In policy areas where the law has yet to catch up, financial companies may end up writing regulations themselves. Some cases are trivial: In 2019, Mastercard introduced rules for companies offering free trials, requiring them to alert customers before payments started. But other policies involve real trade-offs between values such as freedom of expression and security. Mastercard’s requirement that adult sites filter content before posting should help weed out illegal content, but will likely mean less of a legal nature as well. The company suggests that it will cut sites that use artificial intelligence to “nude” dressed images, which in most countries is not against the law. An executive from another company wonders whether such rules should be set by governments instead. “Where it’s gray, who would you rather make the decisions?” ” he asks.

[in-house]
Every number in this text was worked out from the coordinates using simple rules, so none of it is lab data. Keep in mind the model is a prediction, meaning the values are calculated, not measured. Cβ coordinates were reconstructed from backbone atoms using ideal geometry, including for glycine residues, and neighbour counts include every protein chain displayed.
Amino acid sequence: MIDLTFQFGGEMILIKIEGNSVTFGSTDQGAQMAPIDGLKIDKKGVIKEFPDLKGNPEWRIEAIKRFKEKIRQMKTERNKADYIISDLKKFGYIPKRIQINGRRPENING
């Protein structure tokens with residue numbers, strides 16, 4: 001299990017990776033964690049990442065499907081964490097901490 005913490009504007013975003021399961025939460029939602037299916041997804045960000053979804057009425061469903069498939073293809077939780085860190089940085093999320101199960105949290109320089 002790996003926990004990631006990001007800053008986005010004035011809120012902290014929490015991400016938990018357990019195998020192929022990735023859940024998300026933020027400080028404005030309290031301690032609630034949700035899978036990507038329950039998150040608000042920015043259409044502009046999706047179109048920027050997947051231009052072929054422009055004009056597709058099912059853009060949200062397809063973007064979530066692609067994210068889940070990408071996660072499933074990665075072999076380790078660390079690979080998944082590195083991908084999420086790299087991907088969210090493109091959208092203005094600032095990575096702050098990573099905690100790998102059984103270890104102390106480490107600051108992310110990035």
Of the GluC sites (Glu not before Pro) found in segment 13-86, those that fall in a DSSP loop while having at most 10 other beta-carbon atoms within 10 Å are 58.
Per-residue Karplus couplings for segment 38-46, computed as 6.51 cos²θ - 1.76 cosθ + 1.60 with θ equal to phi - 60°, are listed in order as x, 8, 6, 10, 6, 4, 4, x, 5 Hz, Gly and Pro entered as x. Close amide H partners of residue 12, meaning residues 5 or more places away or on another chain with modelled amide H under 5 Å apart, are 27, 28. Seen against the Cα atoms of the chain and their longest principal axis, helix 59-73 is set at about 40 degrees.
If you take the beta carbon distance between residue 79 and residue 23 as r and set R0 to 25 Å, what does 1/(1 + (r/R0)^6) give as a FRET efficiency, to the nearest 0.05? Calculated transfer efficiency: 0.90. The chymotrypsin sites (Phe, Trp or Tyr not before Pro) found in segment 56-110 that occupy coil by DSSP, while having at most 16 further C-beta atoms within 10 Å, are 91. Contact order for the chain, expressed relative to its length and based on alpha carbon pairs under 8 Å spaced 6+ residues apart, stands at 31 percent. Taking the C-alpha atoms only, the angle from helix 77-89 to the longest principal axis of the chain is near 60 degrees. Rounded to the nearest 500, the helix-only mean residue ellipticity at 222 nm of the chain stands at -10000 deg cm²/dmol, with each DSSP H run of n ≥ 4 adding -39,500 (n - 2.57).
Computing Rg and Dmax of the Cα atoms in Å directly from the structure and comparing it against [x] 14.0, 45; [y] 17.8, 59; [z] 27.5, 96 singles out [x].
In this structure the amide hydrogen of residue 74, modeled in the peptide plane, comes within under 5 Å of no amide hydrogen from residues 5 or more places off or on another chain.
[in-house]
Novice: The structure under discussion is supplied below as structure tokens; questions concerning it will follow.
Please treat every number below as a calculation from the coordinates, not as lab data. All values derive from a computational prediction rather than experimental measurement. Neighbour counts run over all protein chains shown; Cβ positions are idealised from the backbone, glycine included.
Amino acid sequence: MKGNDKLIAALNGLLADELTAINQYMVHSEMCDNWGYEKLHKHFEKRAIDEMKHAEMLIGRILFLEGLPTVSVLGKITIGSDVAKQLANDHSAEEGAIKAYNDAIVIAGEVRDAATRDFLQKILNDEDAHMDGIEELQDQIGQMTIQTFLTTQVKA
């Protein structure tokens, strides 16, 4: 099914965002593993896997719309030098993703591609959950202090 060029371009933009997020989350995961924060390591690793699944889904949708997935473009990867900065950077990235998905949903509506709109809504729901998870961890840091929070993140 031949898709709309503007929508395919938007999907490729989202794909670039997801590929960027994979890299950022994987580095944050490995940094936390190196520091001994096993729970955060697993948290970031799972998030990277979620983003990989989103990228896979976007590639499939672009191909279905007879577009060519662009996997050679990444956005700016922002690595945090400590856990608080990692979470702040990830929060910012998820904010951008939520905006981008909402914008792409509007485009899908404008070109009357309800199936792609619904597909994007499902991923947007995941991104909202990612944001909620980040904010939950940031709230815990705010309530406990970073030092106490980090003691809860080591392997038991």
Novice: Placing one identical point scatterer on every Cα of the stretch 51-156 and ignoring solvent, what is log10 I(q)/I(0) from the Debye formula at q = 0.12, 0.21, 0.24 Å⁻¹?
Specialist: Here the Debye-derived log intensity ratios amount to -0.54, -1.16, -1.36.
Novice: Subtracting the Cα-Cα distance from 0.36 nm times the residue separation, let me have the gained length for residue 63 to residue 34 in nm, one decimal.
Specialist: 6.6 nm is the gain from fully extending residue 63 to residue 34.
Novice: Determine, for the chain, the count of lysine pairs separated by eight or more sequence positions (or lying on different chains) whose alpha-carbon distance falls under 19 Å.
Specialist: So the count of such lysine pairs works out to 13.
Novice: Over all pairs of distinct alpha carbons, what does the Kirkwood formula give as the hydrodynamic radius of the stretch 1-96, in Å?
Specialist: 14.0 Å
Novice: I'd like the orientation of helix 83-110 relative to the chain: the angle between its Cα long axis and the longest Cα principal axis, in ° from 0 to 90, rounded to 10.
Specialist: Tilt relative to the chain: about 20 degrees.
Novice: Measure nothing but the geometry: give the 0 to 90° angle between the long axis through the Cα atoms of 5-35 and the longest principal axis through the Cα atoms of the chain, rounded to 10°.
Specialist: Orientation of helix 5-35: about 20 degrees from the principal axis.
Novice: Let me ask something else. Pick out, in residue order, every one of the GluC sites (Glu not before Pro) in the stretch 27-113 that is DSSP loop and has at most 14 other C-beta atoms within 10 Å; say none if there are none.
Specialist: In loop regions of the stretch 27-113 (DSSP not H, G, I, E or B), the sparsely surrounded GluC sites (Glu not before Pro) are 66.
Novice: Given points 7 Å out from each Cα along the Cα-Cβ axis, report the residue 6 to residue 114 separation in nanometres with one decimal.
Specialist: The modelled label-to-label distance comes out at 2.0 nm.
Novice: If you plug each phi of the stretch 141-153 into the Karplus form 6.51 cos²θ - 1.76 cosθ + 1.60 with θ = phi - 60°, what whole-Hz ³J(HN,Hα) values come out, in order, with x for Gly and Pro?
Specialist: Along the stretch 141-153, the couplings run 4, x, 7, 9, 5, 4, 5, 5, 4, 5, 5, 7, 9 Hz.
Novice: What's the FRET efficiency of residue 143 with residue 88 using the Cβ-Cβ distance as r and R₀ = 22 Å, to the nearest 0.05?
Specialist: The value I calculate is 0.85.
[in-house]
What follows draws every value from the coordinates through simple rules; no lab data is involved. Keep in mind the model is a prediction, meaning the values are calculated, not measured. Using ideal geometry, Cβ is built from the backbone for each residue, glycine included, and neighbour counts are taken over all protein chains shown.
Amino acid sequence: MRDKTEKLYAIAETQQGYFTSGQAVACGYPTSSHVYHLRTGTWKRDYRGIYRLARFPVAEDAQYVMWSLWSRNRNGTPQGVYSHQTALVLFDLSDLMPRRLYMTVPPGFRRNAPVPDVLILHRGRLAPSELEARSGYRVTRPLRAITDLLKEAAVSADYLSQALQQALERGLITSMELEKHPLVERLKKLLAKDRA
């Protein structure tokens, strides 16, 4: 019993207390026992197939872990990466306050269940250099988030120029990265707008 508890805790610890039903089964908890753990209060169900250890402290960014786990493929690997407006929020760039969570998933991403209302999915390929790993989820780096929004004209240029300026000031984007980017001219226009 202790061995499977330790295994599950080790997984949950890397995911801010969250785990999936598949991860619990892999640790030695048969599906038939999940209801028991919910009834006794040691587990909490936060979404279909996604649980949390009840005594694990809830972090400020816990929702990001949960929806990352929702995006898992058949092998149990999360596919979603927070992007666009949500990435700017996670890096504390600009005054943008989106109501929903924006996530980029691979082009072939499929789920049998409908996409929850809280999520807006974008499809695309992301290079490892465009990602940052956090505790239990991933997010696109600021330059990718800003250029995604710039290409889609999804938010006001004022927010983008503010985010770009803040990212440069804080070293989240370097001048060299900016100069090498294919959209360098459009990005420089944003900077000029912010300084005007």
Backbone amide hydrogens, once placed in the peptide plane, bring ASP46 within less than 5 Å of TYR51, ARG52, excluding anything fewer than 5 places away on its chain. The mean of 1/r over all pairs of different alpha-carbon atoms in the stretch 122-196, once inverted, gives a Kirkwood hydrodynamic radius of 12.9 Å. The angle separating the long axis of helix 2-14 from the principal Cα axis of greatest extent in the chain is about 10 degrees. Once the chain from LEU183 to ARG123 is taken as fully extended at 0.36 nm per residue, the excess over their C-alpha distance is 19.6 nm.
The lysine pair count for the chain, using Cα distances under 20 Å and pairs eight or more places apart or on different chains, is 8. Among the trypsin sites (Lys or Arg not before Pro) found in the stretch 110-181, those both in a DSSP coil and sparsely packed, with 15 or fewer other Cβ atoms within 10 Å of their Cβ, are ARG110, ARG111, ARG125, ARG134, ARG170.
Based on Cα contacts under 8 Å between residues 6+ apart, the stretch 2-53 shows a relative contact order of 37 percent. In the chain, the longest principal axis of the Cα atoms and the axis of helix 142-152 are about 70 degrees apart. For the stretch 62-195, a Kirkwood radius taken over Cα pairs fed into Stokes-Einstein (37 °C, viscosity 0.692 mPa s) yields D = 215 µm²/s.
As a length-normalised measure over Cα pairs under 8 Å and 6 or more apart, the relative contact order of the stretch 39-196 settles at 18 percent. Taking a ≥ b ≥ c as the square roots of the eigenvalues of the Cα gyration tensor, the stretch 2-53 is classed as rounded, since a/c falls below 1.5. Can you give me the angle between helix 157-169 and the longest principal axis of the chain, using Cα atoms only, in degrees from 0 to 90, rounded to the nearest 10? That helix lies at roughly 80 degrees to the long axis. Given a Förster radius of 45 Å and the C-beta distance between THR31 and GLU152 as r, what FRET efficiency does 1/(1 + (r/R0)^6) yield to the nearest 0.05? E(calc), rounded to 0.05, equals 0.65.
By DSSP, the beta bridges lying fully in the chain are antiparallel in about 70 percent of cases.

As long as the legislation lags behind, financial institutions will be left in a difficult position: accused of either being the “moral police,” as one executive puts it, or of permitting wrongdoing. As Richard Haythornthwaite, then president of Mastercard, told protesters at the company’s 2019 annual meeting: “If it’s legal, then we have to respect this transaction. If this is something that is against the grain of society, it is up to society to rise up and change the law. ■
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This article appeared in the Finance & Economics section of the print edition under the title “Plastic Policemen”